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Vibrant Colors Created in Si Nanowires

Photonics.com
Apr 2011
CAMBRIDGE, Mass., April 19, 2011 — Individual vertical silicon nanowires that shine in all colors of the spectrum have been developed that could increase the efficiency of nanoscale image sensors and give them the ability to detect color without the use of filters.

“It is surprising,” said Kenneth B. Crozier, who led the group that developed the nanometer-scale structures. “A lot of people are making nanowires, and you really don’t think of the color so much. In this vertical configuration, you can get very strong color effects, and you can tune them over a range of wavelengths of the visible region. The strong effects can be seen right down to the level of the individual wire.”

The finding, published in the March 17 online edition of Nano Letters by Crozier and his colleagues from Harvard University and Zena Technologies, may be the first experimental report that silicon nanowires can take on a variety of colors, depending on their diameter and whether they are under bright-field illumination. Previous work has shown that nanowires can take on different colors; however, only scattered, rather than directly reflected, light has been studied.


To demonstrate the ease of controlling and positioning colorful nanowires, researchers created a nanoscale-size tribute to Harvard, designing a pattern resembling the engineering school’s Veritas seal and spelling out the acronym SEAS. (Image: Ken Crozier and Kwanyong Seo, Harvard School of Engineering and Applied Sciences)

To create the multicolored array of vertical silicon nanowires, the investigators used a combination of electron beam lithography and inductively coupled plasma reactive ion etching. They etched a smooth wafer of silicon until all that remained were the vertically protruding nanowires, resembling bristles on a toothbrush. While the nanowires were created in arrays of thousands for convenience, the colors they exhibited resulted from the properties of the individual wires, not from the way light was scattered or diffracted in the group.

“Each nanowire acts as a waveguide,” Crozier said. “At short wavelengths, there is not much optical coupling to the nanowire. At long wavelengths, the coupling is better, but the properties of the waveguide are such that there is not much absorption. In between, there is a range of wavelengths where the light is coupled to the nanowire and absorbed. This range is determined by the nanowire diameter. We made nanowires with diameters of 90, 100 and 130 nm that appeared red, blue and green, respectively.”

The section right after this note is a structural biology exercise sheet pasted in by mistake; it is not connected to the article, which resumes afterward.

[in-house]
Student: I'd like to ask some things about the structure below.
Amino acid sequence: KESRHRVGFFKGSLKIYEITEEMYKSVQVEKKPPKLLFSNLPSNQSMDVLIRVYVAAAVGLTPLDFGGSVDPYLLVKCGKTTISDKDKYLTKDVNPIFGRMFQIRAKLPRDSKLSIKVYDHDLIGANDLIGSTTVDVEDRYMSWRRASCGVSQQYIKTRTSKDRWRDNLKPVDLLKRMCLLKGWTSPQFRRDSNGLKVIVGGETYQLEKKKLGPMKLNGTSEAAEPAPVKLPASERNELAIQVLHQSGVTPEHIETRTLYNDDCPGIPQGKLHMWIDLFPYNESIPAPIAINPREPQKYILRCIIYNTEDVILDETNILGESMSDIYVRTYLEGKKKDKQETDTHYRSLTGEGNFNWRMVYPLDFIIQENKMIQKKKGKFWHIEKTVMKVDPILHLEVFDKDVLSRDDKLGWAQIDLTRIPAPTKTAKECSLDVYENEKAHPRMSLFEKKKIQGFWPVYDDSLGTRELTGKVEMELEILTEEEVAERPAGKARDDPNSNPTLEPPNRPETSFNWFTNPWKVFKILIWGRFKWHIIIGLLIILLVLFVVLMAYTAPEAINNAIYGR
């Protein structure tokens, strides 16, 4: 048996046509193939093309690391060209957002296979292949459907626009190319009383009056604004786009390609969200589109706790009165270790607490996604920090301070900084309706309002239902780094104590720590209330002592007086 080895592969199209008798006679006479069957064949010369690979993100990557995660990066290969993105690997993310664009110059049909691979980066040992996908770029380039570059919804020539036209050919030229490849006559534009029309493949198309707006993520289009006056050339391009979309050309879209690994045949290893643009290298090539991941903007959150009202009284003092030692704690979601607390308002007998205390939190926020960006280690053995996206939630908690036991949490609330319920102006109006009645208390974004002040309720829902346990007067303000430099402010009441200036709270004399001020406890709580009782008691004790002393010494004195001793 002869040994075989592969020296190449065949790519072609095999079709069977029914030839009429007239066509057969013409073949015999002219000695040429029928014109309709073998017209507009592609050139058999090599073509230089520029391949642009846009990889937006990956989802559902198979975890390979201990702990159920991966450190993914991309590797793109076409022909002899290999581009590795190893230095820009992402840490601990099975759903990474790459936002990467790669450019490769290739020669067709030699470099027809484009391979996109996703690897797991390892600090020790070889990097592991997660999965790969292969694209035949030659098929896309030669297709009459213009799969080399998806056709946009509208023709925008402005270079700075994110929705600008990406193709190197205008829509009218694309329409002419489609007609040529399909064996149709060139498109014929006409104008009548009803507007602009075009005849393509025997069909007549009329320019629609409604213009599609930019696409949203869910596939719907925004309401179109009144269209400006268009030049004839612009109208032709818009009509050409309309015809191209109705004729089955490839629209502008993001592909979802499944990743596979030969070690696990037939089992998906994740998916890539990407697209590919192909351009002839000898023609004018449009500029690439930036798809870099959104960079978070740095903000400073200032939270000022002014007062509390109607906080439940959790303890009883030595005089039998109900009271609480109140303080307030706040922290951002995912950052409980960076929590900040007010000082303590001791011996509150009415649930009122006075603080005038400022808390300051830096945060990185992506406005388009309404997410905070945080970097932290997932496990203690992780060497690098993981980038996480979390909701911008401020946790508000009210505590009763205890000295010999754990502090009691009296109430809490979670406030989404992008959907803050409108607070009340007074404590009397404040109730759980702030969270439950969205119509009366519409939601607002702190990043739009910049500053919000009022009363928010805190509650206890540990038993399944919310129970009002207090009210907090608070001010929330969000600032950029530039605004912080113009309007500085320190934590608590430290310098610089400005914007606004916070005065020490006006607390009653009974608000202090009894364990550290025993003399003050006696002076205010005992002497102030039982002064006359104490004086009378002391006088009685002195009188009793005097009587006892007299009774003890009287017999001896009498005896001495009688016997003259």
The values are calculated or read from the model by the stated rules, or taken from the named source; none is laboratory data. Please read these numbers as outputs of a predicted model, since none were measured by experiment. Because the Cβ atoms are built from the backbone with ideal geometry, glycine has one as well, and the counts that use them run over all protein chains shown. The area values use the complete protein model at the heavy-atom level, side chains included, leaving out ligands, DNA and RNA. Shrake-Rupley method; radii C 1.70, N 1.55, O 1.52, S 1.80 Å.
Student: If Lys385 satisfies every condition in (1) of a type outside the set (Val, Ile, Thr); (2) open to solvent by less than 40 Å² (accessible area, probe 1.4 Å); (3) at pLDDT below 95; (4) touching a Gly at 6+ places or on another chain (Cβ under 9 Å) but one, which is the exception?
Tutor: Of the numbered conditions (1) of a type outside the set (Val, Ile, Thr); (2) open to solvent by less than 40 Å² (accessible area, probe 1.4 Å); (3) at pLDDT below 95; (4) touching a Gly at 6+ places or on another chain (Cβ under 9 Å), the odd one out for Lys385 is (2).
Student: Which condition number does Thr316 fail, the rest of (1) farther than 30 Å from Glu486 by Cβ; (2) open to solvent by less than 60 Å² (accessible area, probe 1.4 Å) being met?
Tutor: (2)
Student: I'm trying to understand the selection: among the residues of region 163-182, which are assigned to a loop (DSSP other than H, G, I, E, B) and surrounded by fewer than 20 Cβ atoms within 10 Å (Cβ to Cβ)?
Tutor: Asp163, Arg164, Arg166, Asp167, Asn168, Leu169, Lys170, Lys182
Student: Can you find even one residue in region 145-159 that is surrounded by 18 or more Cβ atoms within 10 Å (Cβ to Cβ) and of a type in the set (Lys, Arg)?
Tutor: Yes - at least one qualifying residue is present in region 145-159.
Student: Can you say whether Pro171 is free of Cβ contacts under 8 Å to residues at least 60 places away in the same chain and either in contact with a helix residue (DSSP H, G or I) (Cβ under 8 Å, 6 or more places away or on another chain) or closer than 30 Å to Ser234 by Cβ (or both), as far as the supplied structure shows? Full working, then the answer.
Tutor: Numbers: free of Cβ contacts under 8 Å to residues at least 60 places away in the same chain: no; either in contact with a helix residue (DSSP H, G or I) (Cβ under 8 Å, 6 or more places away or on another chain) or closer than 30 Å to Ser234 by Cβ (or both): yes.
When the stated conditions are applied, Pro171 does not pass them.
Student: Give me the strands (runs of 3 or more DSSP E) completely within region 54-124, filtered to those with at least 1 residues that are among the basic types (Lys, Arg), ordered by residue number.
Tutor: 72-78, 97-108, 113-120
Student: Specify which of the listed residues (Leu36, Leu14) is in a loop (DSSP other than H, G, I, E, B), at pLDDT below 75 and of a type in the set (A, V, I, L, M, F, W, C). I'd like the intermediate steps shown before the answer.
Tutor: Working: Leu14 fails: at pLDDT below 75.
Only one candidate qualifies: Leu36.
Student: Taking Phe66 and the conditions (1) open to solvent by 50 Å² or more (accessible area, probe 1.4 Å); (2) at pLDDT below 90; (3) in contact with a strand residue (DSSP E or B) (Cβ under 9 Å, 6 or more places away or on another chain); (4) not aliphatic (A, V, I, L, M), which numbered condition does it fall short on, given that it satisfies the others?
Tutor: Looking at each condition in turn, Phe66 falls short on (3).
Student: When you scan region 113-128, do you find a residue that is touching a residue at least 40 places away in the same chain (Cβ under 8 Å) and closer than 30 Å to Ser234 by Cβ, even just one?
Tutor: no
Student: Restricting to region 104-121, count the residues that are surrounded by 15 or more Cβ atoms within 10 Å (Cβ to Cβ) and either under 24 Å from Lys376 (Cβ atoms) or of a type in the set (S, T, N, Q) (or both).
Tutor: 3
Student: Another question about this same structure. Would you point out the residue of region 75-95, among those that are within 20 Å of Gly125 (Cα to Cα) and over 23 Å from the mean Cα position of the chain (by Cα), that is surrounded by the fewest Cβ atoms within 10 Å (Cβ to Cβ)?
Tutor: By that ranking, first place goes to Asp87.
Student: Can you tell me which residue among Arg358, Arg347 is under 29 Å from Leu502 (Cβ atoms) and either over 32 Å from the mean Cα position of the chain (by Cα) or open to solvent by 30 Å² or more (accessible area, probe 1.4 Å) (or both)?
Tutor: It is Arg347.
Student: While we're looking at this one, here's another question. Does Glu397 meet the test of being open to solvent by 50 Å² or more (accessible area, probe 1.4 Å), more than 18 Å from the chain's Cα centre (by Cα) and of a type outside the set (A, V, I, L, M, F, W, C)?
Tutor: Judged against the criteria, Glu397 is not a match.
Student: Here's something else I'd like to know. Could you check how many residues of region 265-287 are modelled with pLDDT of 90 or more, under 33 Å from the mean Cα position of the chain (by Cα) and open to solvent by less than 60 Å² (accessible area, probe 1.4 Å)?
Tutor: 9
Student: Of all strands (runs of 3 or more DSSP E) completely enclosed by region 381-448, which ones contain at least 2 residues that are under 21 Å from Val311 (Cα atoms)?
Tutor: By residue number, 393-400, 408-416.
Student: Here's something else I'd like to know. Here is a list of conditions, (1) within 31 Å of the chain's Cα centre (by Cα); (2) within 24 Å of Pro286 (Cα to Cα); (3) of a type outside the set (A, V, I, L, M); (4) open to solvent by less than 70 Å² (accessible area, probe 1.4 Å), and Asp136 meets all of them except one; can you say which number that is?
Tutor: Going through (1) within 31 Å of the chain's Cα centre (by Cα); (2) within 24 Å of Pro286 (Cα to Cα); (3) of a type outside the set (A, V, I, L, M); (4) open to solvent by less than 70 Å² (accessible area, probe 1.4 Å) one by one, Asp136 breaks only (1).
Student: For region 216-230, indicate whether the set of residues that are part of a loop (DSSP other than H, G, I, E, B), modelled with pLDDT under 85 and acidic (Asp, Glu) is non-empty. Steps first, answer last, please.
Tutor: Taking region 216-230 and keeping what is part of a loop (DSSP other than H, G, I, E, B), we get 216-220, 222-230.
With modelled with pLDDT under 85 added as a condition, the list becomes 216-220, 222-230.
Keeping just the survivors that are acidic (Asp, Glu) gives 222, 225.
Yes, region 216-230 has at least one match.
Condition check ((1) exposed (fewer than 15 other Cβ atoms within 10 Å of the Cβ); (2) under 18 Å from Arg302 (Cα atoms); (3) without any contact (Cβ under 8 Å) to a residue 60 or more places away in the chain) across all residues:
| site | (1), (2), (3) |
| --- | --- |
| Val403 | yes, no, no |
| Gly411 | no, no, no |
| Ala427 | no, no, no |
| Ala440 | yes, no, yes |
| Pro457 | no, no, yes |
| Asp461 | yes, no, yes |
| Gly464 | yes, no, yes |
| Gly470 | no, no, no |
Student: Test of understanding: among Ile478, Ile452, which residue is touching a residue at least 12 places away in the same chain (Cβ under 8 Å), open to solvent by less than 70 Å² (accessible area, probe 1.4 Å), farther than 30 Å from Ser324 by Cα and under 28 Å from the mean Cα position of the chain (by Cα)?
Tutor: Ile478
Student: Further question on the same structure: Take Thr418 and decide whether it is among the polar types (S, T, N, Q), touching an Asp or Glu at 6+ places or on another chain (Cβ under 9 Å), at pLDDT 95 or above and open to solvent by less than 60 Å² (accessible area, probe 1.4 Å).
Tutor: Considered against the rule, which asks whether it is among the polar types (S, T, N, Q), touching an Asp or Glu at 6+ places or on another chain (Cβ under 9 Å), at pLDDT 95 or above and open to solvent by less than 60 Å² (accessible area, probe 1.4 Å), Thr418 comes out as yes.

To demonstrate the remarkable phenomenon and the relative ease of controlling and positioning the colorful nanowires, the researchers created a nanoscale-size tribute to Harvard, designing a pattern resembling the engineering school’s Veritas seal and spelling out the acronym SEAS (for School of Engineering and Applied Sciences) in a rainbow of colors.

While the Harvard image closely matched the school’s seal, the desired color eluded the engineers. Small changes in the radius of a wire can alter the resulting color.

“We actually wanted to make the seal red rather than blue, but it turned out that the diameter was a little bit wrong,” Crozier said.

The researchers’ eventual aim is to use the wires in image sensors. Traditional photodetectors can gauge the intensity of light but not determine its color without the use of an additional filter, which throws away much of the light, limiting the device’s sensitivity. The group hopes to address this by fabricating vertical nanowires containing photodetectors above standard photodetectors formed on a silicon wafer. The nanowire and standard photodetectors could each detect a different part of the spectrum of the incident light. By comparing the signals from each, the color could be determined without losing so much of the light.

“With image sensors, every little bit of efficiency counts. Moreover, we even imagine using the colored wires to encode data in a read-only type of information storage,” Crozier said.

For more information, visit: www.seas.harvard.edu  


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